COVID-19 Meat Consumer FAQs

Updated 7/17/20

 As we continue to face the COVID-19 pandemic challenges, Midan Marketing has been keeping a pulse on meat consumers to understand their changing behaviors and perceptions of the meat industry. Our recent research highlighted the growing concern consumers have around the security and safety of the meat supply chain. To alleviate these concerns and ensure they know the facts, it is more important than ever to communicate and engage with consumers on these topics. Midan Marketing is focused on supporting our clients and the industry at large, and we have compiled responses to some of the more commonly asked questions from meat consumers. We hope this resource helps you navigate the ever-changing COVID-19 landscape. If you have questions or are interested in how to get started communicating with your consumers, contact us.

Q. Will there be more limitations put on the amount of meat I can purchase?

A. Most limitations on meat products at grocery stores have been lifted. Some consumers may still not be able to purchase a specific product, but for the most part, the supply has been replenished and should continue to be stable for some time. Even with all the changes the processing plants have implemented, they are nearly back to full capacity. While we can’t predict the future, we don’t anticipate any meat limitations in the near future.

Q. Can COVID-19 be contracted through meat or food packaging?

A. Recently, USDA Secretary Sonny Perdue and FDA Commissioner Stephen Hahn released a joint statement to clarify any questions you may have surrounding the safety of meat or food packaging. The statement reported there is no evidence that COVID-19 can be contracted from food or food packaging. It’s important to remember the U.S. food safety system is the most comprehensive and highly regulated in the world. The statement issued is based on scientific evidence of how the COVID-19 virus is transmitted.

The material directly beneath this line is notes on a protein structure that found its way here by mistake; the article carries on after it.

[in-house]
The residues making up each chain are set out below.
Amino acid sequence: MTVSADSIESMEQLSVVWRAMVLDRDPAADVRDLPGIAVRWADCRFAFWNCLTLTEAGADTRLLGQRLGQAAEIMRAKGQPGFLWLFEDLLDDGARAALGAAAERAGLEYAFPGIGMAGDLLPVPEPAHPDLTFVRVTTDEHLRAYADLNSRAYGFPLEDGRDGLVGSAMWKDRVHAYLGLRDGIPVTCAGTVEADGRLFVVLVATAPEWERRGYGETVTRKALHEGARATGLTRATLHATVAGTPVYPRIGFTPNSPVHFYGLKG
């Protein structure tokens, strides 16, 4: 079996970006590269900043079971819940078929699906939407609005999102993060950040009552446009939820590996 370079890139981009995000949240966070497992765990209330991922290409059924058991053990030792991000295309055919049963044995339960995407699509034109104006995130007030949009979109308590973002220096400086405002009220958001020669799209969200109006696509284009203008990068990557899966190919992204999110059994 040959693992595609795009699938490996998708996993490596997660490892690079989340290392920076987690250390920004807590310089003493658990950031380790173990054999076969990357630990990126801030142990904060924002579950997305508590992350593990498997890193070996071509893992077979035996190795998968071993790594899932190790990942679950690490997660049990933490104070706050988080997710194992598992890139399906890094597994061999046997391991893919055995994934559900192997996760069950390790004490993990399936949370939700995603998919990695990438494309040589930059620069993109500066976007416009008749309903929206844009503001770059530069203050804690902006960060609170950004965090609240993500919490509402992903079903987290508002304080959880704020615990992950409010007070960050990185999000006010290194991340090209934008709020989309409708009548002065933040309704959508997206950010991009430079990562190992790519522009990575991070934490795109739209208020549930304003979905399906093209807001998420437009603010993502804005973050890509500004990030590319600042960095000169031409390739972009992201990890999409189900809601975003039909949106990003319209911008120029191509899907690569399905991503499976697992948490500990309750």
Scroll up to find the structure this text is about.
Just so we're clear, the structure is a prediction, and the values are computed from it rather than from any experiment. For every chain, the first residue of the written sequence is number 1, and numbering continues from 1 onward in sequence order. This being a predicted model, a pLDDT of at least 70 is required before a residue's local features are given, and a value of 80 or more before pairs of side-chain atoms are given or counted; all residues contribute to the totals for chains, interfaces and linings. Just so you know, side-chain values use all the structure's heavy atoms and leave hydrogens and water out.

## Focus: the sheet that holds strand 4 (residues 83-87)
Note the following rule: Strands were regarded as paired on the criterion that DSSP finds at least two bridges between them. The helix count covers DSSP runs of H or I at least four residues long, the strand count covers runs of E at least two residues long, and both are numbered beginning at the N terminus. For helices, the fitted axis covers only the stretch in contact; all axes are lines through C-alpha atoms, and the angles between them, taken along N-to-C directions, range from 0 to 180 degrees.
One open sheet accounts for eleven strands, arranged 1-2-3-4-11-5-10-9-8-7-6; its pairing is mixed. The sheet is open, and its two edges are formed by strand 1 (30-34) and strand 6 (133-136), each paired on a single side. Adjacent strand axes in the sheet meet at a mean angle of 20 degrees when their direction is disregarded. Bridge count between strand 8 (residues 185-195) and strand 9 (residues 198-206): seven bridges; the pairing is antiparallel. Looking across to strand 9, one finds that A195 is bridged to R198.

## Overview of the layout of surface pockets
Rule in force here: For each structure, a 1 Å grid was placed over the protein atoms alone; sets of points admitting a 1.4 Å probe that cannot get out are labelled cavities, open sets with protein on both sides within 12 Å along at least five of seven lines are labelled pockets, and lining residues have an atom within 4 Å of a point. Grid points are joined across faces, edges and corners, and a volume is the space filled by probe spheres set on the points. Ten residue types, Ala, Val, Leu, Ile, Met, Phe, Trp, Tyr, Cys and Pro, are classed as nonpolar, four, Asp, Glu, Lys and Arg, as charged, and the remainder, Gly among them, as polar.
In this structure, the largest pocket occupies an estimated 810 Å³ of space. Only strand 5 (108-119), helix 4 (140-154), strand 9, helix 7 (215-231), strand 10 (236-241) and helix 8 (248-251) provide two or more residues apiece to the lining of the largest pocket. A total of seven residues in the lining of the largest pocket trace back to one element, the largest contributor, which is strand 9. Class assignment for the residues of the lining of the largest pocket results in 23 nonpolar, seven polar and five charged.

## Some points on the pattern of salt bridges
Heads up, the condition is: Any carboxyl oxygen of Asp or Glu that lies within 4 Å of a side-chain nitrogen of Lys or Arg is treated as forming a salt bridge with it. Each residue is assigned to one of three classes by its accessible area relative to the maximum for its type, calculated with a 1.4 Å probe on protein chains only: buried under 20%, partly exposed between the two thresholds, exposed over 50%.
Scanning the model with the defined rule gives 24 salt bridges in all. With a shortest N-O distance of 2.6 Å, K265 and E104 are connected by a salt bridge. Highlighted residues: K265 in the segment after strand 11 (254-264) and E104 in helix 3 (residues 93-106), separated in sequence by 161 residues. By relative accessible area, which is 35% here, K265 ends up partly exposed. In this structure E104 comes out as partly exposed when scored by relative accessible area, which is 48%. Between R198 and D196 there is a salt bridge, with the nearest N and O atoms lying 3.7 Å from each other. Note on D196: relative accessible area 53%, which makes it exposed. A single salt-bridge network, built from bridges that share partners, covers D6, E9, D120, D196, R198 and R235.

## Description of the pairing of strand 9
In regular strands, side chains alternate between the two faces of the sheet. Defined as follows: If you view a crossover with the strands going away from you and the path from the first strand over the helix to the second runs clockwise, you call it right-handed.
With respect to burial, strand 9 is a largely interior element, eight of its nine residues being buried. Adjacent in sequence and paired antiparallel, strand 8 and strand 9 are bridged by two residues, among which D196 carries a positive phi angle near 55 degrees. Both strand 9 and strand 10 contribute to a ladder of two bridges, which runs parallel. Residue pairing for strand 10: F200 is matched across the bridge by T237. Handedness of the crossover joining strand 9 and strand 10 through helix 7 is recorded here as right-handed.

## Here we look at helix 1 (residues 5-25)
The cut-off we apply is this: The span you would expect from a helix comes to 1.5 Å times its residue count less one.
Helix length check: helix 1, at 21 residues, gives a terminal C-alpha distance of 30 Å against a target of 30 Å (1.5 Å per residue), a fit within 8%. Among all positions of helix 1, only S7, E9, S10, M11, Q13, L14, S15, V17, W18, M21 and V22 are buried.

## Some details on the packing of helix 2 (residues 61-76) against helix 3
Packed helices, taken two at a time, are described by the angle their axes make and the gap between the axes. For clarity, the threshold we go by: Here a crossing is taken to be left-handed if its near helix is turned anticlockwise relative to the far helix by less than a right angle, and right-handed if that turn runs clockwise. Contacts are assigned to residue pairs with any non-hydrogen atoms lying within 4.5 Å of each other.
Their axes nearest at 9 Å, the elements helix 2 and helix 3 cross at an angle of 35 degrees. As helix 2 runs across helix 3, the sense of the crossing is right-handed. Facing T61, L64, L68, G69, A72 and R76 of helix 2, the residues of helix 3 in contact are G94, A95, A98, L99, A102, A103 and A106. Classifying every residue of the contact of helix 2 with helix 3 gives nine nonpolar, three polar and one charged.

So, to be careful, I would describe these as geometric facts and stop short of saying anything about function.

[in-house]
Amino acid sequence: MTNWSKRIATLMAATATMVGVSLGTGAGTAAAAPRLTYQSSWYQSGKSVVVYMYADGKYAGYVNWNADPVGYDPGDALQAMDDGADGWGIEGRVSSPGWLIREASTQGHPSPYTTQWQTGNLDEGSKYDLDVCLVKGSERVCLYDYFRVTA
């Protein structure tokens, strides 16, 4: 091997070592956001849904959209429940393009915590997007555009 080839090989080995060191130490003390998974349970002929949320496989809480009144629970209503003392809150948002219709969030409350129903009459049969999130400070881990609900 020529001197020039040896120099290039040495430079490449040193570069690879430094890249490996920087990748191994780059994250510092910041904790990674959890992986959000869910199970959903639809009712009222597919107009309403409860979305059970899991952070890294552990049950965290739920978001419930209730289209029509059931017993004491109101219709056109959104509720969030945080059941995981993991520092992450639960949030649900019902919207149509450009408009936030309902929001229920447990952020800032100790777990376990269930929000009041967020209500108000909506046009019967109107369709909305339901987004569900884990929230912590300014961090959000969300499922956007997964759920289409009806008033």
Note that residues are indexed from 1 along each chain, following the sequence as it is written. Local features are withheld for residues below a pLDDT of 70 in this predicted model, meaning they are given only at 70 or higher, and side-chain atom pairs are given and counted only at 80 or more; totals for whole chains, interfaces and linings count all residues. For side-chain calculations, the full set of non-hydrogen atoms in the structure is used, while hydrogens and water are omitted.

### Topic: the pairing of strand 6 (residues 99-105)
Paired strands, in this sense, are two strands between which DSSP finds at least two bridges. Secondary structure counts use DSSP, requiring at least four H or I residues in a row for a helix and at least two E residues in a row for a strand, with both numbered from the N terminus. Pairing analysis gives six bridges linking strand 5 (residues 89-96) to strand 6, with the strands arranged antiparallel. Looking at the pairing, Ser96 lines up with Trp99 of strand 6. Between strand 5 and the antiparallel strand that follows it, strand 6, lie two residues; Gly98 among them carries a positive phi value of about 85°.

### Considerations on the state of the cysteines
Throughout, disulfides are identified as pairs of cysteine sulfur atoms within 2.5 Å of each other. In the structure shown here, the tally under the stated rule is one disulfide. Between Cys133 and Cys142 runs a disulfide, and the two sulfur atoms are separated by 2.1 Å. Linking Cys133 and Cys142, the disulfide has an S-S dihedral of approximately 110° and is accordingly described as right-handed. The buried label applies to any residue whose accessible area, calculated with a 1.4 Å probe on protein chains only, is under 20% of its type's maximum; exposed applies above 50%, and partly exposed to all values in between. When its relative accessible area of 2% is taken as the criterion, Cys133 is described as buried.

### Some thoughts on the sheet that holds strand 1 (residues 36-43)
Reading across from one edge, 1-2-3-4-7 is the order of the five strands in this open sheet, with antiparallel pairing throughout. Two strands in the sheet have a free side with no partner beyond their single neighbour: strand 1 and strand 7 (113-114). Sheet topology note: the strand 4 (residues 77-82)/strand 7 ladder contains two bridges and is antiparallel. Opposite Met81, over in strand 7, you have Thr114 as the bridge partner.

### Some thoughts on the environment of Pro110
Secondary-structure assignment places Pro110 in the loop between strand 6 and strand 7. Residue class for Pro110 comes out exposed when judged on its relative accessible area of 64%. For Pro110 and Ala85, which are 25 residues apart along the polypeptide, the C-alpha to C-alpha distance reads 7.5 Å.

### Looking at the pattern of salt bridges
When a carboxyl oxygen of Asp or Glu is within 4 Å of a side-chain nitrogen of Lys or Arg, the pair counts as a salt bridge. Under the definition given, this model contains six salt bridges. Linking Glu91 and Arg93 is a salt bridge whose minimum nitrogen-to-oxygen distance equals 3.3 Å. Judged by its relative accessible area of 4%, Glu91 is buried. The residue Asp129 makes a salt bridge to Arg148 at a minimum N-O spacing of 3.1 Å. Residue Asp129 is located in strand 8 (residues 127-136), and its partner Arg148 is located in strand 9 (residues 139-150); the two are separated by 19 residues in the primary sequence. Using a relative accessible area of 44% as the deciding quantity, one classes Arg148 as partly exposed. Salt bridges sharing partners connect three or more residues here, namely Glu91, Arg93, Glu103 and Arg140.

Q. What concerns are there about the new strain of swine flu?

A. A new strain of swine flu is being closely monitored by U.S. and international public health officials. Transmission is currently extremely limited. The flu is carried by pigs and has the potential to infect humans. However, there is no evidence that it can be passed from humans to humans.

Q. How are meat companies planning for a second round of COVID-19 in the fall/winter?

A. Through the pandemic and continuing today, meat processing companies are working with their employees to exercise safe practices at work and at home. This includes providing additional cleaning, sanitizing and protective equipment for employees. Like most businesses, processors are taking the learnings from the first round of the pandemic and making plans for any future issues that may arise, including an increase in illness. This includes ways to keep workers safe and healthy, quickly pivot the type of product manufactured while also continuing to provide meat for consumers to purchase at their preferred venue.